Other side effects
These are not all the side effects of naproxen. For a full list, see the leaflet inside your medicine packet.
Naproxen and pregnancy
Naproxen is not usually recommended in pregnancy. This is because it may affect your baby, in particular causing problems with their circulation and amniotic fluid levels.
Your doctor will only advise you to take naproxen while you're pregnant if the benefits of taking the medicine clearly outweigh the risks.
There may be other treatments that are safer for you. Paracetamol is generally the best painkiller to take during pregnancy.
Naproxen is not usually recommended while you are breastfeeding. Other anti-inflammatory medicines, such as ibuprofen, are safer. But if other painkillers are not suitable, your doctor may tell you to take naproxen.
It is better to only take naproxen for a short time if possible.
Naproxen passes into breast milk in small amounts and is unlikely to harm your baby. But there have been 1 or 2 reports of side effects in babies after having naproxen through breast milk. These have included some effects on the babies' blood, drowsiness and being sick.
If you notice that your baby is not feeding as well as usual, seems drowsy, or has an upset stomach, or if you have any other concerns about your baby, talk to your health visitor, midwife, pharmacist or doctor as soon as possible.
Naproxen and fertility
Taking anti-inflammatory medicines, like naproxen, in large doses or for a long time can affect ovulation, so it may make it more difficult to get pregnant.
Do not take naproxen if you're trying to get pregnant or you're having tests for infertility. Paracetamol is a better painkiller.
There's no clear evidence to suggest that taking naproxen reduces fertility in men.
Cautions with other medicines
There are some medicines that can affect the way naproxen works.
Tell your doctor if you're taking:
- other anti-inflammatory medicines, such as aspirin or ibuprofen
- medicines that help to prevent blood clots, such as warfarin or rivaroxaban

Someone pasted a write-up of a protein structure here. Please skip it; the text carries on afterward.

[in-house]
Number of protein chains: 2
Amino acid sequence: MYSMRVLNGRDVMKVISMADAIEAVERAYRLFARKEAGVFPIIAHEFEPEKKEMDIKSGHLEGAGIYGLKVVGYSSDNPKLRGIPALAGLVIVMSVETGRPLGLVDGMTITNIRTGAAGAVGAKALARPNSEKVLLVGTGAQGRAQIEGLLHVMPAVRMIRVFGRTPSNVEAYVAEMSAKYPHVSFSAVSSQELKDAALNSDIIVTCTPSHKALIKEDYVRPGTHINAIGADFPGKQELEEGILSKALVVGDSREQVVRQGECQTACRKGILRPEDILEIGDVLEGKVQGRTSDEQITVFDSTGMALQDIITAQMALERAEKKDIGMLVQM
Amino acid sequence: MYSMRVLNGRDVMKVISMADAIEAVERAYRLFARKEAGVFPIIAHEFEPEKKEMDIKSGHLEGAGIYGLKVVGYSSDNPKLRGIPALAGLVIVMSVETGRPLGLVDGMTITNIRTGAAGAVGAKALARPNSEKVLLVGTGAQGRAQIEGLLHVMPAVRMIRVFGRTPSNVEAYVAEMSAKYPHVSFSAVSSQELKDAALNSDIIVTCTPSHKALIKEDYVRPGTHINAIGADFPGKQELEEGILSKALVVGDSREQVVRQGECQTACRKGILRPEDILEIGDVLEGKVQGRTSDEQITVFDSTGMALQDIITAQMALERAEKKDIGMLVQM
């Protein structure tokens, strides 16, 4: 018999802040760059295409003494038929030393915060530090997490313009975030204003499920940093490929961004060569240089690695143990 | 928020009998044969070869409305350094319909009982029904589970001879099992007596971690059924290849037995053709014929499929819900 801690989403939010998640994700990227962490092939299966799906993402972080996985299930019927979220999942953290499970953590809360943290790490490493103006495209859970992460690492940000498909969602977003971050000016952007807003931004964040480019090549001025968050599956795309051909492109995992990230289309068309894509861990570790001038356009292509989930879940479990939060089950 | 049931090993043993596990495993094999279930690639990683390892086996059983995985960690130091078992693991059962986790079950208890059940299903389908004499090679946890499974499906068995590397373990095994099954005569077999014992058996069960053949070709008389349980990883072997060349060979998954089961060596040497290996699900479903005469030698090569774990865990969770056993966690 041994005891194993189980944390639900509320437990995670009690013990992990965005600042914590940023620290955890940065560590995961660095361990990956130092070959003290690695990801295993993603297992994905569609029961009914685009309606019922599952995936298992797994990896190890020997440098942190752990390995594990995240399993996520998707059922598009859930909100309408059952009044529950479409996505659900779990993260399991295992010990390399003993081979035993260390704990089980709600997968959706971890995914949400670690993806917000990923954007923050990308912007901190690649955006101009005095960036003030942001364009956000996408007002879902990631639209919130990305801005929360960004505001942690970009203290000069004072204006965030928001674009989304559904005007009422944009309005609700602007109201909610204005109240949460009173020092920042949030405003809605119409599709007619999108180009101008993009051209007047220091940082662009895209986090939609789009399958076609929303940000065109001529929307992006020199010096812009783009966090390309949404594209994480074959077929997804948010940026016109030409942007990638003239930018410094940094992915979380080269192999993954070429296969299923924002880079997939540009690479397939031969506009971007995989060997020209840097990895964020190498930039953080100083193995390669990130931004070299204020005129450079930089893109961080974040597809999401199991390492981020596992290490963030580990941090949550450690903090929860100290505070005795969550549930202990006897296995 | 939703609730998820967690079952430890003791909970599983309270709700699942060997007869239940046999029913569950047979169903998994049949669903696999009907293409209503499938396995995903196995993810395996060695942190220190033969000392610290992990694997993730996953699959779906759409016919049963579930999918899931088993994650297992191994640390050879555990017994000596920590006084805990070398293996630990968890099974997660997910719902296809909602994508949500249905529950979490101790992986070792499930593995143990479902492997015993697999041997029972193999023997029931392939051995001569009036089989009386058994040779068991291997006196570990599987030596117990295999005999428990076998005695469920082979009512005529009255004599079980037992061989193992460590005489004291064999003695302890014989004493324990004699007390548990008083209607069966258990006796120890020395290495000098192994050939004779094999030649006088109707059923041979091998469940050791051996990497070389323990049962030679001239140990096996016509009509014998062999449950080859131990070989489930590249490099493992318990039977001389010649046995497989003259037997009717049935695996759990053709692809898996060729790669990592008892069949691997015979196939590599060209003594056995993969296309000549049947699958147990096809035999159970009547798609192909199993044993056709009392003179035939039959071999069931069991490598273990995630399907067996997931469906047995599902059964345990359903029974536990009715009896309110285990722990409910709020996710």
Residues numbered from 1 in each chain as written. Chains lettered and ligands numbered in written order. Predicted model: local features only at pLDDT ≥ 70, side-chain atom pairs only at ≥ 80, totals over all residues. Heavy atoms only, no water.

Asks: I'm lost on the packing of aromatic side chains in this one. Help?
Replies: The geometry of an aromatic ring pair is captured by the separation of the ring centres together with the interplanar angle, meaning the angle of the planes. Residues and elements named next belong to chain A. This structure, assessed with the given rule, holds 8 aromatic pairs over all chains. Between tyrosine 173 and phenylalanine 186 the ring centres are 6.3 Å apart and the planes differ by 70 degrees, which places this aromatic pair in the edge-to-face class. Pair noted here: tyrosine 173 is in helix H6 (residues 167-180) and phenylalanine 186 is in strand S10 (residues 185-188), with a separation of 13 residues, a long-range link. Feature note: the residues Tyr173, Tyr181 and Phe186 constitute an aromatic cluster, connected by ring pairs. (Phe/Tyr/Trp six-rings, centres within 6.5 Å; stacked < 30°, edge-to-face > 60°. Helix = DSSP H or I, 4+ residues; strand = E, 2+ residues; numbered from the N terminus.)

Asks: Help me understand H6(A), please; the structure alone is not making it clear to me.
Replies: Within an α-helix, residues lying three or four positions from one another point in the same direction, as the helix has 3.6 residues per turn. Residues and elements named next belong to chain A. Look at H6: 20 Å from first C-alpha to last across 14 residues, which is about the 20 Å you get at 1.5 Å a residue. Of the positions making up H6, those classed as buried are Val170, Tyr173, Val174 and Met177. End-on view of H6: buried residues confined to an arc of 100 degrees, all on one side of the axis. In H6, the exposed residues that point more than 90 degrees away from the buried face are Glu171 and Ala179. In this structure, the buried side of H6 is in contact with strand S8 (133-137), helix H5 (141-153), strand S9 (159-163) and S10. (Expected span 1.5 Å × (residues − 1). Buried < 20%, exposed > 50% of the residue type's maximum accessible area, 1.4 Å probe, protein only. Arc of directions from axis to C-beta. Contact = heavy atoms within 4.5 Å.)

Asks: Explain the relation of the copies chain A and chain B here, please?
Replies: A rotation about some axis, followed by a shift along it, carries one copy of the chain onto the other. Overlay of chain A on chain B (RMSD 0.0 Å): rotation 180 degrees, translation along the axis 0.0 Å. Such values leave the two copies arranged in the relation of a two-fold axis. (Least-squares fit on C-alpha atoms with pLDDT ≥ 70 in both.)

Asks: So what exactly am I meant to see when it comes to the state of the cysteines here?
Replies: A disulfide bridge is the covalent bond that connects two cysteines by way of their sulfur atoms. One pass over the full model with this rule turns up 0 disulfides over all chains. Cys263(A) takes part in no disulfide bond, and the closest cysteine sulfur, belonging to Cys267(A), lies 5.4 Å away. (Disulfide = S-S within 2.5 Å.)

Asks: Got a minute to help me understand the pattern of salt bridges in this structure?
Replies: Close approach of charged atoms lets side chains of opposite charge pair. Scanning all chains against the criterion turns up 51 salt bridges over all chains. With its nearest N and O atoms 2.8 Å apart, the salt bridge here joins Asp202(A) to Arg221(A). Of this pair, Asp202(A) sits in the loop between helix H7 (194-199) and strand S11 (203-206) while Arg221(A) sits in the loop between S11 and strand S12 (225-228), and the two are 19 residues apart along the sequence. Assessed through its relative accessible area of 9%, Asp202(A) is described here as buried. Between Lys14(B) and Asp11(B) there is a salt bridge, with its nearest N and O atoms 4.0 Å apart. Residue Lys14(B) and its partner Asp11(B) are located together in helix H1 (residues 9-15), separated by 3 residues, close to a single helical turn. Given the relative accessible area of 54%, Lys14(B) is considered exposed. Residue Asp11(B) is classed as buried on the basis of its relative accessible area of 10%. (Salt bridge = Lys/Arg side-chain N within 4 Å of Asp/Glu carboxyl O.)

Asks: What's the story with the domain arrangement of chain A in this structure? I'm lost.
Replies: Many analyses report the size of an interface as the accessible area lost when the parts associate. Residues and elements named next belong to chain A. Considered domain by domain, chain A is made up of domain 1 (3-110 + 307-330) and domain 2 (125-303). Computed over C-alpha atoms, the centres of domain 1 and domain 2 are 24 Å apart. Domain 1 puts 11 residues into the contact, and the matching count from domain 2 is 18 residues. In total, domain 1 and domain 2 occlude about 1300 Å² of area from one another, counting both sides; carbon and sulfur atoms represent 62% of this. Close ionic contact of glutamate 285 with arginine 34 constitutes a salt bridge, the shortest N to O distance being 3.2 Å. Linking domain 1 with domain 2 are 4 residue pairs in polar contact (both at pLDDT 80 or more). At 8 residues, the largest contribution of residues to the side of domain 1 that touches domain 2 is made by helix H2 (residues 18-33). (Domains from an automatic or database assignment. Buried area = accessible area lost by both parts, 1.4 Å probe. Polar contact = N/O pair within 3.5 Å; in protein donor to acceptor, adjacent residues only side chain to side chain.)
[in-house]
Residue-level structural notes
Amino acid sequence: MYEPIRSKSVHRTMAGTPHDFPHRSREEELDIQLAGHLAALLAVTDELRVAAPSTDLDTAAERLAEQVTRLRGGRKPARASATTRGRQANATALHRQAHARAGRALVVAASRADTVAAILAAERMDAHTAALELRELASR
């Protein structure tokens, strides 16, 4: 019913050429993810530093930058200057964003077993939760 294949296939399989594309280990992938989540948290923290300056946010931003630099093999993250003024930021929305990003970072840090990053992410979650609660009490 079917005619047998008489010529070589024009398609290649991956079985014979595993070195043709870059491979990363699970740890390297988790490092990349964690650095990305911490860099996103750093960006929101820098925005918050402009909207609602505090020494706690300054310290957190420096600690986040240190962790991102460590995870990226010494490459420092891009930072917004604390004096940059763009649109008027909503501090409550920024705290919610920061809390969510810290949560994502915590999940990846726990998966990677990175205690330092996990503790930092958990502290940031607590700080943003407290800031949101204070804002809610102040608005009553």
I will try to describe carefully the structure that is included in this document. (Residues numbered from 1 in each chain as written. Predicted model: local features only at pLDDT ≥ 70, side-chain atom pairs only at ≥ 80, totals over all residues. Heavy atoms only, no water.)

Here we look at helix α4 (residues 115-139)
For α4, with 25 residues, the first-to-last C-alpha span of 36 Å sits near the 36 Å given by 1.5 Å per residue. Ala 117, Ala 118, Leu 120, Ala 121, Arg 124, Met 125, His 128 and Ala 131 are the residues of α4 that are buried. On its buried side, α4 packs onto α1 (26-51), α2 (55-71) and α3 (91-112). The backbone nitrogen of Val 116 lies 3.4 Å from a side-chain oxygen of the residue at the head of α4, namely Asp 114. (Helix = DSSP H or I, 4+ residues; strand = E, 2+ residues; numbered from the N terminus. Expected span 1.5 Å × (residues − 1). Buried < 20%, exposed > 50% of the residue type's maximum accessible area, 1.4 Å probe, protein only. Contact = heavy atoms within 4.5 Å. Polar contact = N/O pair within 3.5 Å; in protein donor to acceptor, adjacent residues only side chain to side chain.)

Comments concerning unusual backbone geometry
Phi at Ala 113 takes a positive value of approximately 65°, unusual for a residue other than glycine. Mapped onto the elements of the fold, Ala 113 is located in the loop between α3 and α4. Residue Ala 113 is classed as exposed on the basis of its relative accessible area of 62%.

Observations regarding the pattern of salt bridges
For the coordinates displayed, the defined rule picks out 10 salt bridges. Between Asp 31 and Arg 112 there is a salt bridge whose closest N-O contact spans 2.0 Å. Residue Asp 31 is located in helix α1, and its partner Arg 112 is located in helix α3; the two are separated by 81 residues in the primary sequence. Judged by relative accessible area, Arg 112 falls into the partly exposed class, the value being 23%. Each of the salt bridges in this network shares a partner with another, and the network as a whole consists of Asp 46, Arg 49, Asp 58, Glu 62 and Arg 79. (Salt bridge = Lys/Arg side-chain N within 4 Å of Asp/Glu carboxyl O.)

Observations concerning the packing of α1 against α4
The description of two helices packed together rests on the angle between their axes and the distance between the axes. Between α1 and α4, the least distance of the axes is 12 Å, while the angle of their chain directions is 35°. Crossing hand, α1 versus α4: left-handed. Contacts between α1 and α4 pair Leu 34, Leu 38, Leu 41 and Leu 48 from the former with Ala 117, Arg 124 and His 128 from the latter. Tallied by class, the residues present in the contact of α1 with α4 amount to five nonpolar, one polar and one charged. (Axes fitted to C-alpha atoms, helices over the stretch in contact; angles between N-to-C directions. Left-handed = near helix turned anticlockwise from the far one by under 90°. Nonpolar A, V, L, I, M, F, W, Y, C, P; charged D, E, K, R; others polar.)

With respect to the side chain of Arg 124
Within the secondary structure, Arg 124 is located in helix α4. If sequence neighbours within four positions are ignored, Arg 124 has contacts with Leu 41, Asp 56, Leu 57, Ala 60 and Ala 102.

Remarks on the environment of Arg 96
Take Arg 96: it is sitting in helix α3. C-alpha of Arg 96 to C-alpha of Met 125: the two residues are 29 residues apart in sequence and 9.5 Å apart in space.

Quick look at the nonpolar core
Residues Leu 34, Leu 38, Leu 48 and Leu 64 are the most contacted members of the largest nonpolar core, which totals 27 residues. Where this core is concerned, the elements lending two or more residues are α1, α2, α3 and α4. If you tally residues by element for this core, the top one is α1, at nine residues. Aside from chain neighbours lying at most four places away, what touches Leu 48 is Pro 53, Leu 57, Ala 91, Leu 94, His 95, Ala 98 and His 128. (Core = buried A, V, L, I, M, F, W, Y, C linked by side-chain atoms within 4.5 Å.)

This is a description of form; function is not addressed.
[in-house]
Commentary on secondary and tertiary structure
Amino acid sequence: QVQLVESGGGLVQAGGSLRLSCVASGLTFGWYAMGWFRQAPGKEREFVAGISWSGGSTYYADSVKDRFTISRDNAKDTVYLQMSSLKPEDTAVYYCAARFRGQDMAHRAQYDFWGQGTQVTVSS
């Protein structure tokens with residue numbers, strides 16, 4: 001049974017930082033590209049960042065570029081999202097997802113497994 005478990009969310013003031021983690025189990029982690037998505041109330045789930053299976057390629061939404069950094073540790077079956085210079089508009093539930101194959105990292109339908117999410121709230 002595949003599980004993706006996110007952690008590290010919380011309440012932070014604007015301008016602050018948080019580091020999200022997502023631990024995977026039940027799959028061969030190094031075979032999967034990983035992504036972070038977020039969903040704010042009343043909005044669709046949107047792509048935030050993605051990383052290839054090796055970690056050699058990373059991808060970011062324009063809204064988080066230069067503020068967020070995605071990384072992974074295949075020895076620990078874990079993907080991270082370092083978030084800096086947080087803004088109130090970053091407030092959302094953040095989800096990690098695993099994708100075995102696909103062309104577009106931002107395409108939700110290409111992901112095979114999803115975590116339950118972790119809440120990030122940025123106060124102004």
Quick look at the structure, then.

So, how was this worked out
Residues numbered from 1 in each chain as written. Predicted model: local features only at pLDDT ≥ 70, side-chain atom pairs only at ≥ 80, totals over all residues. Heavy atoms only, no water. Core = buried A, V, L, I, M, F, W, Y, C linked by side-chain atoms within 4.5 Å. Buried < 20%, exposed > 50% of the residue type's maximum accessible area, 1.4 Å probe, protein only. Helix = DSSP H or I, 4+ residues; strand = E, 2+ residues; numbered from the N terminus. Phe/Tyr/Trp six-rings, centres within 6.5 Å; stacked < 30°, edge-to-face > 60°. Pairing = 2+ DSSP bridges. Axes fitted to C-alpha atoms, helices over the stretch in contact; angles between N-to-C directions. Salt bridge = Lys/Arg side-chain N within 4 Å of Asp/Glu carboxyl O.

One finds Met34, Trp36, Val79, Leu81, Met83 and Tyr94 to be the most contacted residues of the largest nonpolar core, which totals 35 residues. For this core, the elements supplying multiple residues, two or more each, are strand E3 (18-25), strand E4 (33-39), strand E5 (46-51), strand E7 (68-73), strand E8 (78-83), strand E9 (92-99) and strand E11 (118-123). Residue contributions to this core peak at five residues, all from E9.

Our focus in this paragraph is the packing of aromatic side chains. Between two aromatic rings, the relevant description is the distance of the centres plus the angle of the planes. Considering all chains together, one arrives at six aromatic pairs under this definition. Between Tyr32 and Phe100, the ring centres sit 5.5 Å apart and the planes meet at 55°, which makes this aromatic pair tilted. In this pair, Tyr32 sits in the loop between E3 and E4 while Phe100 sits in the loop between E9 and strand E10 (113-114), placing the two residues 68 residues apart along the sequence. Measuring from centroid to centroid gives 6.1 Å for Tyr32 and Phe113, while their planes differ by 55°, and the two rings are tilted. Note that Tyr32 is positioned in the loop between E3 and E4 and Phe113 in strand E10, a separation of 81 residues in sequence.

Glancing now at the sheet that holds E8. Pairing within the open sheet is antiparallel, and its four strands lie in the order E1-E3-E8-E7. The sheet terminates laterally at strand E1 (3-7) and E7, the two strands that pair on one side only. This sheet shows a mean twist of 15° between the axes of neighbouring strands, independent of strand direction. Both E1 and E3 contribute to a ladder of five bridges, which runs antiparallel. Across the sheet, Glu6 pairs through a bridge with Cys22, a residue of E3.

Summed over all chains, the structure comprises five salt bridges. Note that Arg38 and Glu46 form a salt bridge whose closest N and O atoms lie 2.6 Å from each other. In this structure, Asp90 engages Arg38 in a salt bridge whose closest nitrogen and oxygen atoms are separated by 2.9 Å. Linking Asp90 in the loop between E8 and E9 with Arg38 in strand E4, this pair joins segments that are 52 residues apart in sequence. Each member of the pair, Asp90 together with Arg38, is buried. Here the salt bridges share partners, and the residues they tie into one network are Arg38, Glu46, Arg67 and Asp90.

- steroids, such as prednisolone
- medicines that make you pee more (diuretics), such as furosemide
- medicines used to treat heart problems and high blood pressure
- antidepressants, such as citalopram
- medicine used to treat rheumatoid arthritis, such as methotrexate
Do not take naproxen with ibuprofen or other non-steroidal anti-inflammatory drugs (NSAIDs). But it's OK to take naproxen with paracetamol or co-codamol that you buy over the counter. This should just be for short periods of time.
If you often need to take extra painkillers with naproxen or for more than a few days, talk to your doctor. Sometimes, taking different painkillers together is a good way to relieve pain, but there may be other treatments you can try.
It's OK to take other painkillers with naproxen for longer if your doctor has given them to you on prescription and told you to take them together.
If you're unsure, talk to your doctor.
Mixing naproxen with herbal remedies and supplements
There's not enough information to say that complementary medicines and herbal remedies are safe to take with naproxen. They're not tested in the same way as pharmacy and prescription medicines. They're generally not tested for the effect they have on other medicines.